Tuesday, March 15, 2016

The twins head to Mars and other tales of Space Journeys


First we start with a journey just underway – the TGO (trace Gas Orbiter) and its twin the lander they call Schiaparelli are the first of the two-part Exo-Mars program. Never heard if it? It’s a joint Russia-ESA program that plans to hunt for life. It is also a first – if it lands and transmits safely it is the first of the Russian vehicles to attain interplanetary success AND the ESA has just sent one other to date, the Mars Express (launched in 2004).


The twins, TGO and Schiaparelli, will separate from each other on Oct. 16 during their approach to Mars. TGO will enter orbit eventually attaining a circular orbit at an altitude of 400 kilometers. That will be the beginning of a 5 year mission that starts in 2017. TGO's chief task is to hunt for methane and its degradation products in Mars' air.


When Schiapelli touches down the cheers will likely be heard the world over. Reason? The ESA has never successfully landed on the surface of another planet. So what will she do when she’s there? Not much really. Actually a lot of it she will have done on the way in! While she has plenty of instruments onboard, they will likely operate for only a few days before her batteries run out. BUT her primar purpose has to do with the entry, descent, and landing – that data will be collected and sent back home. 

More MARs news? : NASA has tested the rockets that were designed to send man to Mars


The Space Launch System which is a heavy lift rocket – it uses a quantity of four RS-25 rocket engines. NASA turned the ignition and ran the SLS for 500 seconds – that’s 8.3333 minutes to you and me! And there you go. The next time they fire there will be humans straped in for a journey into Deep Space. (FYI - Four RS-25 rocket engines will be joined with a pair of solid rocket boosters to create the configuration for the first SLS flights.)


 Are we building a deep space habitat - by 2018 no less, at congresses urging?



  We know how they are traveling, or at least we think we do. Really the only way they are not using Orion is if we suddenly finish the FTL drive or Vasimir Rickets – actually the Vasimir is possible in the long range plans we have but not possible enough to count on as the main method of travel. But it seems we aren’t really sure of how we’re going to survive the long journey or set up camp once we get there.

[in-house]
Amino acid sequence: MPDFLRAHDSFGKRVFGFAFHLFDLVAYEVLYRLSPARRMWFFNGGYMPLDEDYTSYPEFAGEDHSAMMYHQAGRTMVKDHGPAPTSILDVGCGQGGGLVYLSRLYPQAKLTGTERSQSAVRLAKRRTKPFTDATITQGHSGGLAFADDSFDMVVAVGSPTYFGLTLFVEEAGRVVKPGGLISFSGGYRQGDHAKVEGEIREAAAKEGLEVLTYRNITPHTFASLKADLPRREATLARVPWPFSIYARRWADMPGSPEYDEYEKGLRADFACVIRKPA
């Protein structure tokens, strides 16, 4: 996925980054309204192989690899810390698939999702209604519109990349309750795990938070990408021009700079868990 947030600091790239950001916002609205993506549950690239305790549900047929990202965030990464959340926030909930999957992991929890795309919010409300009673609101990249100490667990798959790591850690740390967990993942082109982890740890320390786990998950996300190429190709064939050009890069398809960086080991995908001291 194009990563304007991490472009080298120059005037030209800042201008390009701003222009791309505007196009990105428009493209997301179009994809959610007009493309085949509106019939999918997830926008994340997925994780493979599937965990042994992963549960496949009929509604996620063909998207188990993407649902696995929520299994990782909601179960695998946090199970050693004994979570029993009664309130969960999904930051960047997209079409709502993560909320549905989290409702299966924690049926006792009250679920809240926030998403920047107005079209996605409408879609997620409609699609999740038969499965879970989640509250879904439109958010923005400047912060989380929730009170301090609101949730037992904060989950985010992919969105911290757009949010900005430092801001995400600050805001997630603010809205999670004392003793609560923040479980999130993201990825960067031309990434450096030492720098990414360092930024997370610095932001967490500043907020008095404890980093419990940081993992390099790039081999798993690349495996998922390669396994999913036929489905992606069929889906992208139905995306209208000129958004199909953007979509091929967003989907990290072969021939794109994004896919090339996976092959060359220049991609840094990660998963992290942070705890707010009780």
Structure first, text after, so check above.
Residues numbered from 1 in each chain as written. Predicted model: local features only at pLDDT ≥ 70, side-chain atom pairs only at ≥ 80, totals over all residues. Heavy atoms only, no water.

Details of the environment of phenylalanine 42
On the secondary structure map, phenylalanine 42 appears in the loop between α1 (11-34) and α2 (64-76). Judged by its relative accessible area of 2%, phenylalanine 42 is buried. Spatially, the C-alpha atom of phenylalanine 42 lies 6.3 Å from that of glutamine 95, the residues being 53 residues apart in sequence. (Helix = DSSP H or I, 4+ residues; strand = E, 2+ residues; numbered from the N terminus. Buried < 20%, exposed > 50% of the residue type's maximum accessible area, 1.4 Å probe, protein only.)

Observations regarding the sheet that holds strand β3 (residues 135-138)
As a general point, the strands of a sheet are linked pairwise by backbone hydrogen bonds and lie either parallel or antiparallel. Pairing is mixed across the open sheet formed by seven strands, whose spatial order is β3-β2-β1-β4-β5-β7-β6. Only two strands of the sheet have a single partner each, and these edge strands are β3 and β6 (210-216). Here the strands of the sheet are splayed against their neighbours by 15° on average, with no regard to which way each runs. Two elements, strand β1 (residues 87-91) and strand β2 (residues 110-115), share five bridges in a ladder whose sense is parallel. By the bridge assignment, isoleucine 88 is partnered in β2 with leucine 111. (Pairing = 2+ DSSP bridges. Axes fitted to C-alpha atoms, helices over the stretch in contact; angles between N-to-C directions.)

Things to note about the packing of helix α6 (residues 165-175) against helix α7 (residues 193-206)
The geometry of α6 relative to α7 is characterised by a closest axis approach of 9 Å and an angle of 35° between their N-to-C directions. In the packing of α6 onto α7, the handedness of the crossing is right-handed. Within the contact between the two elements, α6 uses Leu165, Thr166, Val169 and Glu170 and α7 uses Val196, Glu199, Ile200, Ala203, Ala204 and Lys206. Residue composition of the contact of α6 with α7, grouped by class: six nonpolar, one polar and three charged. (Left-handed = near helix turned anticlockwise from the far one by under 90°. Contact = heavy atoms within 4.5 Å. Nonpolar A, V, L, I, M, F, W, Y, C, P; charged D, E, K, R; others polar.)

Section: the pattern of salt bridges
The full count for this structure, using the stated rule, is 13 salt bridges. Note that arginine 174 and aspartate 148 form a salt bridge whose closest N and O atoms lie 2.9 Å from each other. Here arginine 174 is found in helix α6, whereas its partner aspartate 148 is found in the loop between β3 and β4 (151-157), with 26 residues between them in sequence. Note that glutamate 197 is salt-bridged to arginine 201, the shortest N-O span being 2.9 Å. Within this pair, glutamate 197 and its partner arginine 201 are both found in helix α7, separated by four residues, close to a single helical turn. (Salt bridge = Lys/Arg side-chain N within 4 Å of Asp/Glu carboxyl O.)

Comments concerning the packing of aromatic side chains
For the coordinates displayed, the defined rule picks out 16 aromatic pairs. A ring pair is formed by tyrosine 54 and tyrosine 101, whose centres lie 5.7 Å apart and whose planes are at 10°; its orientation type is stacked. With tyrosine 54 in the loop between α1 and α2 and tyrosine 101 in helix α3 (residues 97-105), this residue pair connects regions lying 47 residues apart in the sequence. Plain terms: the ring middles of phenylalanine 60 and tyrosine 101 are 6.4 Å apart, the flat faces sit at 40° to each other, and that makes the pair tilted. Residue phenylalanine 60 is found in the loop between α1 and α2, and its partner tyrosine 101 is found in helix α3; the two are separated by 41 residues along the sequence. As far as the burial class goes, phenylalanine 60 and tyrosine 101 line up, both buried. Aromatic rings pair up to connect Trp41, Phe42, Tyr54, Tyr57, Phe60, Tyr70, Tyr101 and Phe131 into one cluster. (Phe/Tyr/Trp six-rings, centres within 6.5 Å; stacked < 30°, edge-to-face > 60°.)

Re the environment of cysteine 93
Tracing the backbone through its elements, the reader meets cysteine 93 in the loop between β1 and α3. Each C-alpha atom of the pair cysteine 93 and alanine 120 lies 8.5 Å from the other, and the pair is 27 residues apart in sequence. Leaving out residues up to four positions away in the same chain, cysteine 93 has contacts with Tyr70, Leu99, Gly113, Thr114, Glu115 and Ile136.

The Orion spacecraft? It’s about the size of a pickup truck, a pickup truck that will be on the road for six months with no bathroom breaks. So why not stop off somewhere where they can stretch out a little bit, a space habitat. Private quarters, exercise equipment, space…Pretty cool, right?


The recent omnibus spending billhas allocated funds for just that – a cool deep space habitat, made so the Orion could just pull up and park. What’s the price tag? At least $55 milion. AND guess when they want a prototype – 2018.


NASA is pleased with the time frame because that means that it can be tested out on the moon. But of course that a big challenge – or is it? Bigelow does space stations and such, perhaps they could be the answer or just the inspiration! Below are some possible looks based off of Mars One’s lanned trip to Mars that was going to utilize both an inflated portion and SpaceX.


NASA’s Deep Sleep Option for crew on Mars Mission


Bet you didn’t know we figured it out – okay, we really didn’t. Actually there is work being done on a method that puts you to sleep by invoking the oddest combination you could think of – researchers in Boston have managed to slow the respiration of mice by administering small doses of hydrogen sulfide. Anyone know where we get that? It is the foul smelling toxic gas produced by rotting eggs and sewage. But that’s not the plan. The plan involves using something that has been around for more than 35 years – therapeutic torpor – used in hospitals for use with critical care trauma patients. Inducing therapeutic hypothermia (when used in a hospital) to keep the alive until ‘they’ can get the treatment ‘they’ need. Add to that an intravenous feeding tube, theoretically a crew could be placed into hibernation for the time it takes to get to MARs. Of course here on Earth the time is usually limited to a week. Let’s see a week versus 180 days….hmm, not sure.

Of course think of what that means for the space ship – no galley, no extra space so the crew doesn’t get claustrophobic. The cool thing is there is one design (in a study funded by NASA) that spins so that the body experienced a low gravity environment, helping the bone tissue and muscle mass. AND there is a money saving as hibernating astronauts need less a lot; from pressurized volume to food and drink.


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